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Artlav
11-20-2011, 12:30 PM
Continuing on the quest of achieving a fun and stable quadrotor, i now try to move forwards instead of upwards.

As the thing does the loop i walk below it.
That is quite disorienting at first - you glance down to assess the steps, then look up to find the quad drifting fast, then correct the flight and step into a hole, look down to assess the next 5 meters of terrain, look up to find the quad about to do some flips in the grass and so on.

I also implemented the Honk's old advice of scaling the throttle curve to keep 100% stick at 70% throttle.
That is a very useful thing to do, as it gives much finer altitude control instead of "release balloon" and "pop balloon" the regular way gives.
But it also takes getting used to when you need to slow a descent, for example.

Summarily, it was a slow and steady forward flight against the gusts of wind and inexperience:

http://www.youtube.com/watch?v=i7g21szuVvU

I really need an FPV rig...
Hate to choose between travelling and getting a quad upgrade.

Honk
11-20-2011, 07:56 PM
What were you trying to do? Forward flight against the wind while walking behind it?

I must tell you this about wind and multirotors: it's treacherous! It's hard to anticipate the wind, so therefore we wanna have as little "wing area" as possible against the wind and we want as much force as possible to fight the wind.

As little wing area as possible is accomplished by using smaller props, and besides getting less wing area (less wind influence) we also get a prop/motor that potentially can change RPM faster due to less mass.

The other thing, force, might be achieved by trying a Y6 or X8 setup, I think that might prove good against the wind. So if I were you I'd get some more motors/ESC's and some sets of smaller diameter props.

Artlav
11-24-2011, 05:00 PM
Treacherous it is.
The wind is mostly one way, but i don't really want any more to walk downwind from a flying, flexing quad that is only slightly controllable.

Smaller props means smaller quad, means less mass, means less wind resistance, no?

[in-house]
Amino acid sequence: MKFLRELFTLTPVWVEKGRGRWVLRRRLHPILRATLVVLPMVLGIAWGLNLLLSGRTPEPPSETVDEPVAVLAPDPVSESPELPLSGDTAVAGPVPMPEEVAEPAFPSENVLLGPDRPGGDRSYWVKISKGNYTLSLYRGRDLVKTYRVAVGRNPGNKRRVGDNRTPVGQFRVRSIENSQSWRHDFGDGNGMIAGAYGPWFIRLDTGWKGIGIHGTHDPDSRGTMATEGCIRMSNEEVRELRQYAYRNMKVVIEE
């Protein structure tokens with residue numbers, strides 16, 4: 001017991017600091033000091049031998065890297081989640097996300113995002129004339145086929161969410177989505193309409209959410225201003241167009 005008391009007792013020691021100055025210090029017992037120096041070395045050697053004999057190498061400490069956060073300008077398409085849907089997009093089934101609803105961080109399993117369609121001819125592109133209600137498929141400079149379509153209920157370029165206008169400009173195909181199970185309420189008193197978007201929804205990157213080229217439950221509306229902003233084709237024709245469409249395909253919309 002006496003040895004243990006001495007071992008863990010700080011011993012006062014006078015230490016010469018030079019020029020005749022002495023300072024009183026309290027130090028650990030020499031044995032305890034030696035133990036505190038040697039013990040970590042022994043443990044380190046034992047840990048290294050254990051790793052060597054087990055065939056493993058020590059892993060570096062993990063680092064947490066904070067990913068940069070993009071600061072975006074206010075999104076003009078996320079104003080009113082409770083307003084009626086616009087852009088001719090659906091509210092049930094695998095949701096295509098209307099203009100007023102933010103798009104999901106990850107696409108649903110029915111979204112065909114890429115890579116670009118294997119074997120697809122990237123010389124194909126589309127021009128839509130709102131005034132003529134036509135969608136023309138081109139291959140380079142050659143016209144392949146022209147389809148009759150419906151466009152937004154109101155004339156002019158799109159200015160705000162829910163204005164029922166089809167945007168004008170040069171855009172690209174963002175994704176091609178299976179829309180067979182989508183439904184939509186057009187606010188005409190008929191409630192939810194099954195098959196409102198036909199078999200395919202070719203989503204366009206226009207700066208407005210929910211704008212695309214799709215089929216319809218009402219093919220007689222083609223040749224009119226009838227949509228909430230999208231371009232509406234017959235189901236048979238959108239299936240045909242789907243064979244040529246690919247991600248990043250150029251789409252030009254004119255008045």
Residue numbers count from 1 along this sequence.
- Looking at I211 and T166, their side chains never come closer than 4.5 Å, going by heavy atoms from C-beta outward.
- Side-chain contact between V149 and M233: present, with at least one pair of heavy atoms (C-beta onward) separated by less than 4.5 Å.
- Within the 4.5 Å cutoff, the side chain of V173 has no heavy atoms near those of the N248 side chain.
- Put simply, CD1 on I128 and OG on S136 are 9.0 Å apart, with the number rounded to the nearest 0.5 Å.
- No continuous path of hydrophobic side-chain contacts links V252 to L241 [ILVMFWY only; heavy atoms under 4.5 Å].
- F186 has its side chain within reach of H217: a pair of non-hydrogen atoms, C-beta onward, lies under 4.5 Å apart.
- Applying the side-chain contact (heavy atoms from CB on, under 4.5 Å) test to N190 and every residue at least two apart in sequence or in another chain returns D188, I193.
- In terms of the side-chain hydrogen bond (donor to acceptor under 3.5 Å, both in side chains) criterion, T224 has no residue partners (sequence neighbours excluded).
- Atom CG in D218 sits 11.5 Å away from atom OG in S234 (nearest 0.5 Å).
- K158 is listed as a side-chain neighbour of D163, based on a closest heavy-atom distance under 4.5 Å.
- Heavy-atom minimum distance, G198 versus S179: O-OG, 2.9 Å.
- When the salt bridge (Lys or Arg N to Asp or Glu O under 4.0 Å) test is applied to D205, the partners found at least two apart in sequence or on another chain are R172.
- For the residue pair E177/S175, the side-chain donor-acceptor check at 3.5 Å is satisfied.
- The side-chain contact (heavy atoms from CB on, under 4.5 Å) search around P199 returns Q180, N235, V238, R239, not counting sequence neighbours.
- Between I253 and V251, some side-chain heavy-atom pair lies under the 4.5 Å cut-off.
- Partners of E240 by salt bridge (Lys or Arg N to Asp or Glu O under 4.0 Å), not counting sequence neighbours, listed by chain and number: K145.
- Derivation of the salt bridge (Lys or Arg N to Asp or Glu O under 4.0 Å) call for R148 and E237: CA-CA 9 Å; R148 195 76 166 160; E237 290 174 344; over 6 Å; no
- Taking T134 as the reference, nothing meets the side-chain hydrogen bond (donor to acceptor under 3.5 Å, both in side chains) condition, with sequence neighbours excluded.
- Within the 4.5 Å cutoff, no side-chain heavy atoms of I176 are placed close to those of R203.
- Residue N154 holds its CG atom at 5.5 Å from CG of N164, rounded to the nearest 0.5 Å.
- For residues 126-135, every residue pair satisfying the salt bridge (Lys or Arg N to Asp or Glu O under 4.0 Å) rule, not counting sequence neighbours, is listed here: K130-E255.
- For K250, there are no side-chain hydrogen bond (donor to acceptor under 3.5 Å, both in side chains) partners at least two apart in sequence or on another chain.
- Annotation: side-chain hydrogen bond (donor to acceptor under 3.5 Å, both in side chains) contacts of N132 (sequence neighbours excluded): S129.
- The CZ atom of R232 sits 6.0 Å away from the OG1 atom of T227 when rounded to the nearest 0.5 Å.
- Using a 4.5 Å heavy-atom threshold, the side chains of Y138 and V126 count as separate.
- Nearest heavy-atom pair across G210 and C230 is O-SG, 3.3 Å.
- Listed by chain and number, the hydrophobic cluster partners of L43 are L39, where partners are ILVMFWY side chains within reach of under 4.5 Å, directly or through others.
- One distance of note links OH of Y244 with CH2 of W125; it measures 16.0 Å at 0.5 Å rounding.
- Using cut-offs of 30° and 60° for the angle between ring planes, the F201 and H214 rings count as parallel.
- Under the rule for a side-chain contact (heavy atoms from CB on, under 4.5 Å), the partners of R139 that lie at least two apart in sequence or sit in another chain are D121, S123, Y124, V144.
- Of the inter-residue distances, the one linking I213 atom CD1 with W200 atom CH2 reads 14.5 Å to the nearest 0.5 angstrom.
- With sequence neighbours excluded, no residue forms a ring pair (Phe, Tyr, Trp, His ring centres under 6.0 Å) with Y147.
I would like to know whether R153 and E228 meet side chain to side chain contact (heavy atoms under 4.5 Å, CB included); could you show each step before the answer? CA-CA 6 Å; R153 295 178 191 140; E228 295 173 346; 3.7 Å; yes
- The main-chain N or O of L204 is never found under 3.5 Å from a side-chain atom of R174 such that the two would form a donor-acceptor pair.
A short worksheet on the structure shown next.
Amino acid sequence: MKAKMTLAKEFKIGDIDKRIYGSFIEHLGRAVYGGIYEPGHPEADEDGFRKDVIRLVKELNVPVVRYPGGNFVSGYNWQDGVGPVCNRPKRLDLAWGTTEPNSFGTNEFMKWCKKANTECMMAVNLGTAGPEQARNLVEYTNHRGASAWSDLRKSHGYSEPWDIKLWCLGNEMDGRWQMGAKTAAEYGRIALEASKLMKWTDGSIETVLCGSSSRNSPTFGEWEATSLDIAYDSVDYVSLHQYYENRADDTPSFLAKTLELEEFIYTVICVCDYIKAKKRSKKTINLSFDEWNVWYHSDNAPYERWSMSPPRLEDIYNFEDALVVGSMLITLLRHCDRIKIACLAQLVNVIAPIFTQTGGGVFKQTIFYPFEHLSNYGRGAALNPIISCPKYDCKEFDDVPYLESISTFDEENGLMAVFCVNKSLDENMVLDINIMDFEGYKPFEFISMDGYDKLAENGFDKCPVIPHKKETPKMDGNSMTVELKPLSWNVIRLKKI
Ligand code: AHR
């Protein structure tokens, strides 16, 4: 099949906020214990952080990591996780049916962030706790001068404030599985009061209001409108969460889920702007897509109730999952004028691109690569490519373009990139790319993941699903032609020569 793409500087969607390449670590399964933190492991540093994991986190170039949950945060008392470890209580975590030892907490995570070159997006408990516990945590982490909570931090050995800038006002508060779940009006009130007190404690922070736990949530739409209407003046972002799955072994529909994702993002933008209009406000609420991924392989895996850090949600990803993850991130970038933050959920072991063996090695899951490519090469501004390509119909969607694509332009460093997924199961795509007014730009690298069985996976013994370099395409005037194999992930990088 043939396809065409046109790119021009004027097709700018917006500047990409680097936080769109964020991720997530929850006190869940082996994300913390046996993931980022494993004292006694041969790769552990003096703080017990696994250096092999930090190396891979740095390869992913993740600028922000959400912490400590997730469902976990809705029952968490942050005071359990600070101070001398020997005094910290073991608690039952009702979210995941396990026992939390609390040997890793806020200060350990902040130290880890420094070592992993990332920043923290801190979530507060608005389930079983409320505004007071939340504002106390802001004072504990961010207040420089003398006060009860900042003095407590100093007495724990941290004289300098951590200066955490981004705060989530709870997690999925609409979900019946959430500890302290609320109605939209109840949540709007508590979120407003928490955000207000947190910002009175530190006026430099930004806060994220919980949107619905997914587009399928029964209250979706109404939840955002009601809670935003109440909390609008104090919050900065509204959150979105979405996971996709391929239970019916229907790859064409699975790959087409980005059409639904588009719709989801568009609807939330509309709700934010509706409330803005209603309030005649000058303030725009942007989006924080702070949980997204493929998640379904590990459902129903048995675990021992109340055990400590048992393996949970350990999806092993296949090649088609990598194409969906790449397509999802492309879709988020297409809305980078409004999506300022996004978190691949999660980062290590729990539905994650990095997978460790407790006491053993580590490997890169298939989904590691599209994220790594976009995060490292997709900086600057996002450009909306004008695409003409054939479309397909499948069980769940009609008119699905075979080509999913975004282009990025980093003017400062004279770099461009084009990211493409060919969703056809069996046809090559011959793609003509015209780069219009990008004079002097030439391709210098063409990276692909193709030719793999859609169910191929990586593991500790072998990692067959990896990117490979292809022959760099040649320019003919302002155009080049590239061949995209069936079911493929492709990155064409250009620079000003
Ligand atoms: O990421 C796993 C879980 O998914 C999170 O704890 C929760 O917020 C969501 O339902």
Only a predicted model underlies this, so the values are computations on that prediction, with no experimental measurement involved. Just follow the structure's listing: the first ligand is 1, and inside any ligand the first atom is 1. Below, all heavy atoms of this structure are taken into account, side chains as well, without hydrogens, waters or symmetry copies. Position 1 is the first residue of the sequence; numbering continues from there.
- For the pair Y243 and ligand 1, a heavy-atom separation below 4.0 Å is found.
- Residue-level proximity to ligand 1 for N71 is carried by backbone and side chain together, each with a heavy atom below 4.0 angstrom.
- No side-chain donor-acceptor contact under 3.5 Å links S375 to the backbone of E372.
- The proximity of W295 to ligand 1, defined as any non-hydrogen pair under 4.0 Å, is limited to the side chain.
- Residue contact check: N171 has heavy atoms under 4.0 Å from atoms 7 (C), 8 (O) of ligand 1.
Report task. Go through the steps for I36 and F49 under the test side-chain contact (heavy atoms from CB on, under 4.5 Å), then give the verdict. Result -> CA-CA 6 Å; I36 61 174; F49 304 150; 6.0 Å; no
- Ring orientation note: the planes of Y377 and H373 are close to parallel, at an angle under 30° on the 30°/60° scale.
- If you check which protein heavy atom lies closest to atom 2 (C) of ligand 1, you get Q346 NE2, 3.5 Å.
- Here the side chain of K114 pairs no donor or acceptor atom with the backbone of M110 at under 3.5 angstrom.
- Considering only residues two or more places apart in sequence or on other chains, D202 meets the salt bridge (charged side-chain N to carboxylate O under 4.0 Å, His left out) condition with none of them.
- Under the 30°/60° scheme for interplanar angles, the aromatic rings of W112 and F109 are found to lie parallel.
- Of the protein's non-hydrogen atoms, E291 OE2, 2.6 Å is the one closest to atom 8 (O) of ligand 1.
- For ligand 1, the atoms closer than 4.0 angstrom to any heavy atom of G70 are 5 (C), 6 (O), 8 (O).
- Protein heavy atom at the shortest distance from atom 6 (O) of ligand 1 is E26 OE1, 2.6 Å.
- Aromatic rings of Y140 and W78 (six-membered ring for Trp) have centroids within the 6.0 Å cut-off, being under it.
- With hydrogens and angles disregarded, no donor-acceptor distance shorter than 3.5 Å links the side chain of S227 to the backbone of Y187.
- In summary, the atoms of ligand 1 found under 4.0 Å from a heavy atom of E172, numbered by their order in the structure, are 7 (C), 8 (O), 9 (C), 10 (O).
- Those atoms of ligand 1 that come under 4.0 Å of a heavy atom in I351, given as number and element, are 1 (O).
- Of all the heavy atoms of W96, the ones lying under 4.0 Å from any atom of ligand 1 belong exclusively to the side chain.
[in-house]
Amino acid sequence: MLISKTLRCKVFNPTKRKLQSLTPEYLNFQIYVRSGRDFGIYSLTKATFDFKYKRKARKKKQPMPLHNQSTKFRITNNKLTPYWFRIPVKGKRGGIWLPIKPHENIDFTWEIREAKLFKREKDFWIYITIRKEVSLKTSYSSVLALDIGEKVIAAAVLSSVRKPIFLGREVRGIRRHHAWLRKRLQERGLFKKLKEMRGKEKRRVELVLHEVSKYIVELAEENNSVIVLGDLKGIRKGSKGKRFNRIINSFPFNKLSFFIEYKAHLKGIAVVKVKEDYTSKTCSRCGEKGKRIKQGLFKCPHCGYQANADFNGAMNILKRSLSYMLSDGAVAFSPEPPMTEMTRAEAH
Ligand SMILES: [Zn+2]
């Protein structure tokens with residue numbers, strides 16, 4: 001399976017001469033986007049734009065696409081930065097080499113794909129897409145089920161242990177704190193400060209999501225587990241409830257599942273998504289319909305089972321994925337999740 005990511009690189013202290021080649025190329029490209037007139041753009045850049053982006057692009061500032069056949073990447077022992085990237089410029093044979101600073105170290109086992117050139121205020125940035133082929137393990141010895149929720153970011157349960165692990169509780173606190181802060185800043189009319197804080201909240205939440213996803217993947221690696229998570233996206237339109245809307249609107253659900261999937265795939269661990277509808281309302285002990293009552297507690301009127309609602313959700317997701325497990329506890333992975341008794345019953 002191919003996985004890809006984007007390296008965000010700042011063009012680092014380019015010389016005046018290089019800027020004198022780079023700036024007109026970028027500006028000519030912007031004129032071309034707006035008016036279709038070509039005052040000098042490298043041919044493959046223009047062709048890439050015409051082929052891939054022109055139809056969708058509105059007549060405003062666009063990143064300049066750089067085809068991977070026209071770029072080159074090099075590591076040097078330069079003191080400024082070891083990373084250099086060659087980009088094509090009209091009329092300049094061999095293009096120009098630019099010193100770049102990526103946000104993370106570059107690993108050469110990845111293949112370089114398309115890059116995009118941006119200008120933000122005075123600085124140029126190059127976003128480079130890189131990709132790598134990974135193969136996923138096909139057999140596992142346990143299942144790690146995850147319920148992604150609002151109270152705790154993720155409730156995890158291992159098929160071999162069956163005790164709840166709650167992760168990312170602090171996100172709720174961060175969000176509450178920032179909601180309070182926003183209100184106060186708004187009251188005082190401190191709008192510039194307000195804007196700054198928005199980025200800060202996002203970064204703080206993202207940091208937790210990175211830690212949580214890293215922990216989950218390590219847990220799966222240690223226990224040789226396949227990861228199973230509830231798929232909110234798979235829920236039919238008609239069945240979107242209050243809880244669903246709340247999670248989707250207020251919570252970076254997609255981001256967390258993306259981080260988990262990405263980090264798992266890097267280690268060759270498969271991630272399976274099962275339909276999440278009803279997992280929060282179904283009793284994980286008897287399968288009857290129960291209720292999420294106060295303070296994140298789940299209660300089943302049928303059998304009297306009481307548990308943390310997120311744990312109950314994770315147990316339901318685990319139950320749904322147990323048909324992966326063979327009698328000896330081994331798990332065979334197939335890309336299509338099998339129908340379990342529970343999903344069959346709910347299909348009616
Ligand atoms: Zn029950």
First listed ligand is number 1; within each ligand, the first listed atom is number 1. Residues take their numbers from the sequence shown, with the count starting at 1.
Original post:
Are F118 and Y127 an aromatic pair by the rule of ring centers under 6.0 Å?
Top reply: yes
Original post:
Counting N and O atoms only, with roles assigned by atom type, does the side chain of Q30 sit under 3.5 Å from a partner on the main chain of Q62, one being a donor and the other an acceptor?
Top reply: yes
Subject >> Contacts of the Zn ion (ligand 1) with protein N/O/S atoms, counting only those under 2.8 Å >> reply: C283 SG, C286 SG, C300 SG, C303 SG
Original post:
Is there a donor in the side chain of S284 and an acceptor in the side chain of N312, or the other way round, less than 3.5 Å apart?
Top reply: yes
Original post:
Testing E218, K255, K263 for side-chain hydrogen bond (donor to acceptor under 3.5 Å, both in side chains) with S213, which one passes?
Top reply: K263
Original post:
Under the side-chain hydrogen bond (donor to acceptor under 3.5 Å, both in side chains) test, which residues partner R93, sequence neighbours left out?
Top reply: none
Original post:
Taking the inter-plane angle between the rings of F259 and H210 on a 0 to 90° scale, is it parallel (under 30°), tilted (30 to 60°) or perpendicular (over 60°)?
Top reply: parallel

My small one can't stand any wind at all, and is only really flyable in a room.
Let's see how the new big one will behave, with much smaller cross-section.

Honk
11-24-2011, 10:08 PM
Smaller props means smaller quad, means less mass, means less wind resistance, no?
Smaller props = less wing area = less wind effect on craft... I think... :)

But smaller props != smaller craft I think. Smaller props = use more props. I think the Falcon 8 is a winning concept. It's got 8 pieces of 8" propellers in a V/H manner and can evidently handle wind exceptionally well.

http://www.youtube.com/watch?v=GgrAtQDyEAE

And it also isn't all because of software, this means the real hardware is mechanically able to handle it.

elchan
11-25-2011, 03:15 AM
Just a question, Artlav, what transmitter do you have? Did you remove the ratchet on the throttle, so that the action is smooth? Because, seems like a lot of your problem is related to operating the throttle smoothly.

Artlav
11-25-2011, 08:45 AM
Just a question, Artlav, what transmitter do you have? Did you remove the ratchet on the throttle, so that the action is smooth? Because, seems like a lot of your problem is related to operating the throttle smoothly.
Futaba T7C.
The throttle problems are mostly because i scaled the 50%-100% throttle to 50%-70% response and haven't got time to get used to it yet.
I tried to remove the ratchet by putting rubber tubes on it, but it scratches itself back after some time.


Smaller props = less wing area = less wind effect on craft... I think... :)

But smaller props != smaller craft I think. Smaller props = use more props. I think the Falcon 8 is a winning concept. It's got 8 pieces of 8" propellers in a V/H manner and can evidently handle wind exceptionally well.
Nice.
You'd think more props=more area=more trouble for the same wobble.

Kind of reminds me of this victorian era thing:
http://www.3dlinks.com/images/gallery/gallery3/L%27Albatros.jpg